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George Porter Named Repository Coordinator

by Chris Daley on 2023-03-21T10:40:00-07:00 in Library News | 0 Comments

A man with glasses, a gray beard, and a blue shirt stands in front of a beige wall

We are pleased to announce that George Porter will move into the newly formed role of Repository Coordinator at Caltech Library. As the Engineering & Applied Science Librarian, George has worked on our repositories since they were created. However, the Repository Coordinator role formalizes and funds the full-time work required to support and maintain  CaltechAUTHORS as a campus service. We took this opportunity to ask George some questions about his new role and Caltech repositories in general.

Congratulations on your new position as Repository Coordinator, George! Could you give us an introduction to what repositories are and do?

Thank you.  I’m delighted to take on this new role. Repositories are collections of material. In the library world, the four primary types are: subject-based or institutional; textual or data. PubMed Central is an example of a subject textual repository. WormBase, is a subject data repository, hosted at Caltech, but not limited to Caltech discoveries. The Caltech Library has been collecting, highlighting, and disseminating the Institute’s scholarly output, primarily textual, through CaltechAUTHORS, since 2001. CaltechDATA has been the Institute’s data repository since 2014, providing a home for datasets for which there is no appropriate disciplinary option.

What created the need for this new position? 

CaltechAUTHORS has been a victim of its own success. Over the course of more than 20 years, the Library has operated the repository with a small team of developers, programmers, and library staff contributing effort as priorities allowed. CaltechAUTHORS has grown to more than 100,000 records and been the source of more than 25 million global file downloads. As the largest trove of scholarly output from any single university, the time had come to provide formal, dedicated oversight for the operation. Fortunately, when the job was posted, I happened to have more than 20 years of relevant experience to offer.

 What will a day in the life of the Repository Coordinator look like?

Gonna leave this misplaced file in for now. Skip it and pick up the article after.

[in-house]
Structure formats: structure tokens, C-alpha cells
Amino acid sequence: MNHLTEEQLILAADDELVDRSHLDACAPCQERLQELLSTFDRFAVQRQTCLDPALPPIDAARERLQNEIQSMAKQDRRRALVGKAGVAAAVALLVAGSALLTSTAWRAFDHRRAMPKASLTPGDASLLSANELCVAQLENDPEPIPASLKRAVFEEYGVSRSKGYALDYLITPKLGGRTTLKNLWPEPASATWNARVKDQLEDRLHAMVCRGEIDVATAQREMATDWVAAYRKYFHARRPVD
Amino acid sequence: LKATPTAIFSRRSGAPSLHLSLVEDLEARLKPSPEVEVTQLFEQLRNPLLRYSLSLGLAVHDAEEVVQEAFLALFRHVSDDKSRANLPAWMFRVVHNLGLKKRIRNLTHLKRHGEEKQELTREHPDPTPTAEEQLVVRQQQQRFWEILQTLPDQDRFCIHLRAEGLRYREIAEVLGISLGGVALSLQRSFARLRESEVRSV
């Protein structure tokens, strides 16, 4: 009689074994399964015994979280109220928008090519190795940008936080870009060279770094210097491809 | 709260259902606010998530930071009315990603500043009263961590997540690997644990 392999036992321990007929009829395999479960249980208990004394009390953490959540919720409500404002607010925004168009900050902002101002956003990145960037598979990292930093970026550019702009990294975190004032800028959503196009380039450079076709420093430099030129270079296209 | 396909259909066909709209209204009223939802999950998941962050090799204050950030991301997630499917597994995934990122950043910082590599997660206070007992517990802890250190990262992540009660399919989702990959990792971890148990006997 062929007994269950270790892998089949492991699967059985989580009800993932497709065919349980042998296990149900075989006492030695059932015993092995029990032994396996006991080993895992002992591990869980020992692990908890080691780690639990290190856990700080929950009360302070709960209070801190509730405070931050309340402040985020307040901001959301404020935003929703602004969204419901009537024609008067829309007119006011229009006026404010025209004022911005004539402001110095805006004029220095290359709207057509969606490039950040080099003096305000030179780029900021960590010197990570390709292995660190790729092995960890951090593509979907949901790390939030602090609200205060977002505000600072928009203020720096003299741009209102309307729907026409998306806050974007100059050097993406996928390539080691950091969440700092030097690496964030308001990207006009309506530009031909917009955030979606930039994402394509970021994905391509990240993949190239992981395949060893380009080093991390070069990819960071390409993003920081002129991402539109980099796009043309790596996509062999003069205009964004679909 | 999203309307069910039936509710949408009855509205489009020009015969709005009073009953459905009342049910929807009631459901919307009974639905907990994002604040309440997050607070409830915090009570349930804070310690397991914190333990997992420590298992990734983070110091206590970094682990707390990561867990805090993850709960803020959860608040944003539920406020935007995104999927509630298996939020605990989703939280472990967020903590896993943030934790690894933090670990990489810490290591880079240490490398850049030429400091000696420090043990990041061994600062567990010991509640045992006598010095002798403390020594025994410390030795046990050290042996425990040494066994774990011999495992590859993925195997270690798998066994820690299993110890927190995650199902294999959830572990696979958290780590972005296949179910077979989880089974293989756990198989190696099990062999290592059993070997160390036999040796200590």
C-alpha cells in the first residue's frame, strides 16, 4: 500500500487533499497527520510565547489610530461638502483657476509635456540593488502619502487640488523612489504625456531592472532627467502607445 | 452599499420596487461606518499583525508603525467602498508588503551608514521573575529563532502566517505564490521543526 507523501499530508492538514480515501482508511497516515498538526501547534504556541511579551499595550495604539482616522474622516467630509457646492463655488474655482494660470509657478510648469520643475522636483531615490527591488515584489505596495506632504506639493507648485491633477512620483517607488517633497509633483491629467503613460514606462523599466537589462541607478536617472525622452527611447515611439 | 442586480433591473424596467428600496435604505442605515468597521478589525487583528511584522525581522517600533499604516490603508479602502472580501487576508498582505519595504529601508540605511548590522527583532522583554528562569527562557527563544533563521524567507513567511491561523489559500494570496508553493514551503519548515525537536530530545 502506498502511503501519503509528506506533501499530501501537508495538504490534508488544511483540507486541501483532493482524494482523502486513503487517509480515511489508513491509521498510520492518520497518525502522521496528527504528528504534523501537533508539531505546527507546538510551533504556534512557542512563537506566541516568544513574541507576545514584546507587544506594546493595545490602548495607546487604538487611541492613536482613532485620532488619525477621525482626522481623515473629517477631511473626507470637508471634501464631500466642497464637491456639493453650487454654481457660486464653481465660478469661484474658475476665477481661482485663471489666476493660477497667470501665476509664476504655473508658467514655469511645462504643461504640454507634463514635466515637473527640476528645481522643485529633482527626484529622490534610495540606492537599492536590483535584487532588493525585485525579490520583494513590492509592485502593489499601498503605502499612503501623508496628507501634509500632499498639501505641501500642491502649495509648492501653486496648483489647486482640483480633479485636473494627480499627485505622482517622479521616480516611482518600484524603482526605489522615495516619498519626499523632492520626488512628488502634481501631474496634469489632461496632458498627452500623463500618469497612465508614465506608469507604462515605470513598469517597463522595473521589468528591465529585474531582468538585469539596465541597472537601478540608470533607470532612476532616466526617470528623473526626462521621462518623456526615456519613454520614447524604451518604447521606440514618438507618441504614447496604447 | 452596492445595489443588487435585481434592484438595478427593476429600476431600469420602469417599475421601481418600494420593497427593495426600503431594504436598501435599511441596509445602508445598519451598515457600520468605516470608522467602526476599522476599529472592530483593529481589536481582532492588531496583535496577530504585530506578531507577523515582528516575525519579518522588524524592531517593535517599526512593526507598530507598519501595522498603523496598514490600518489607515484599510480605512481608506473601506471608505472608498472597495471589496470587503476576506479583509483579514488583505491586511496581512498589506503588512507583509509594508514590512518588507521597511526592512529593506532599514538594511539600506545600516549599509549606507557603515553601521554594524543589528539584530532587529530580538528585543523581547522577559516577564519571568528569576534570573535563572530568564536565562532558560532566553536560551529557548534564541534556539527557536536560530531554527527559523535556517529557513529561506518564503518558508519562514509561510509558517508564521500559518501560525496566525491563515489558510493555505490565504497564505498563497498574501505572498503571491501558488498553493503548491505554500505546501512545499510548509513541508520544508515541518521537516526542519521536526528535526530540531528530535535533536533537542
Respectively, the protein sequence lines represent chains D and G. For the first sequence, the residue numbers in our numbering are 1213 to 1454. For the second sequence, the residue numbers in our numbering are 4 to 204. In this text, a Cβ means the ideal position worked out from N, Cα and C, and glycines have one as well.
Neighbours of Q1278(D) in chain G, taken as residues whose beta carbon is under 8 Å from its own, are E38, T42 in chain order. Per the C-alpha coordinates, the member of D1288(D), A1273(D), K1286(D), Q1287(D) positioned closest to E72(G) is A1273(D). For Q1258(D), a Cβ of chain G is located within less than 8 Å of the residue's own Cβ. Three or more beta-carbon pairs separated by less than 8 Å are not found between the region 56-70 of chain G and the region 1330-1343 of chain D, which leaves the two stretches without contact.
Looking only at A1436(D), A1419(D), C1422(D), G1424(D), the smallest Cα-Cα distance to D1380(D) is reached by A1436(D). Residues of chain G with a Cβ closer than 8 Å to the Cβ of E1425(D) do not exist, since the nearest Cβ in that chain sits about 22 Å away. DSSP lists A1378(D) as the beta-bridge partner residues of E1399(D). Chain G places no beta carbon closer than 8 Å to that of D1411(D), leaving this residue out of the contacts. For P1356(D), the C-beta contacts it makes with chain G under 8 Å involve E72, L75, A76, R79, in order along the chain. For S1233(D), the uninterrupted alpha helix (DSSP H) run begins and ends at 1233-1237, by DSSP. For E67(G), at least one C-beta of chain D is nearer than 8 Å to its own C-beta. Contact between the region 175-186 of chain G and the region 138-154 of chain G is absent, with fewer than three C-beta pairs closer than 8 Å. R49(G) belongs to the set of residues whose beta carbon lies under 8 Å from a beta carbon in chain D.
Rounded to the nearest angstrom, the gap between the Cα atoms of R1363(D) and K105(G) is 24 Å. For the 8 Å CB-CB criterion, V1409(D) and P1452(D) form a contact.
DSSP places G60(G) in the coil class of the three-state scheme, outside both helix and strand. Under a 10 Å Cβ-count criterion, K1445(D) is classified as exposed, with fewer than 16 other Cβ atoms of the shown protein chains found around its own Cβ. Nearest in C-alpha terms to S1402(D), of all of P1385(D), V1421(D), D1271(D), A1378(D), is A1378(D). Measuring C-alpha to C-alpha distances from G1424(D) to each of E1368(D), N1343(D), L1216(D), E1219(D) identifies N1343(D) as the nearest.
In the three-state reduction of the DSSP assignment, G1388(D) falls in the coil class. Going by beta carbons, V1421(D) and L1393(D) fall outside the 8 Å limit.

The next three to six months will see CaltechAUTHORS migrate from the EPrints platform, in continuous use since 2001, to InvenioRDM, the CERN-backed platform which underlies CaltechDATA. With such a large database, there are a great number of issues to consider and fields to map as we prepare to migrate.  As with many services which have developed organically, the metadata standards and collection policies have evolved over time. With a full-time position, it will be possible to focus on establishing a baseline for the metadata, while looking for opportunities to automate ingest and update processes.

What will you be able to do with the repositories now that you can give them your full attention?

The initial impetus for CaltechAUTHORS was to provide free, legally compliant access to as much Caltech scholarship as possible. In 2009, the Faculty Board refocused the Library’s effort to include documenting all of the Institute’s scholarly output, even if legal restrictions prevented the Library from distributing publisher-formatted articles. Fully addressing the Institute’s research output, current and stretching back to Caltech’s beginnings, will require multiple strategies to identify all of the material.

What is your most interesting repository story?

My favorite story is still the celebration the Library hosted in 2016 to commemorate Jack Robert’s Internet sensation, Basic Principles of Organic Chemistry, 2nd ed. Shortly after Jack’s 98th birthday that June, his landmark organic chemistry textbook surpassed 500,000 file downloads from CaltechAUTHORS. The book has continued to be widely read from the Internet and has now been downloaded more than 1.25 million times. His co-author, the late Marjorie Caserio, gave a presentation on the organic chemistry textbook as an Internet phenomenon a few years later at an American Chemical Society meeting in San Francisco.

What are your predictions for the future of Caltech repositories?

This being Caltech, the future is bright and the horizons are virtually limitless. Caltech’s mission—"to expand human knowledge and benefit society through research integrated with education"—dovetails perfectly with an effort to collect that expansive research and to share it as widely as possible.

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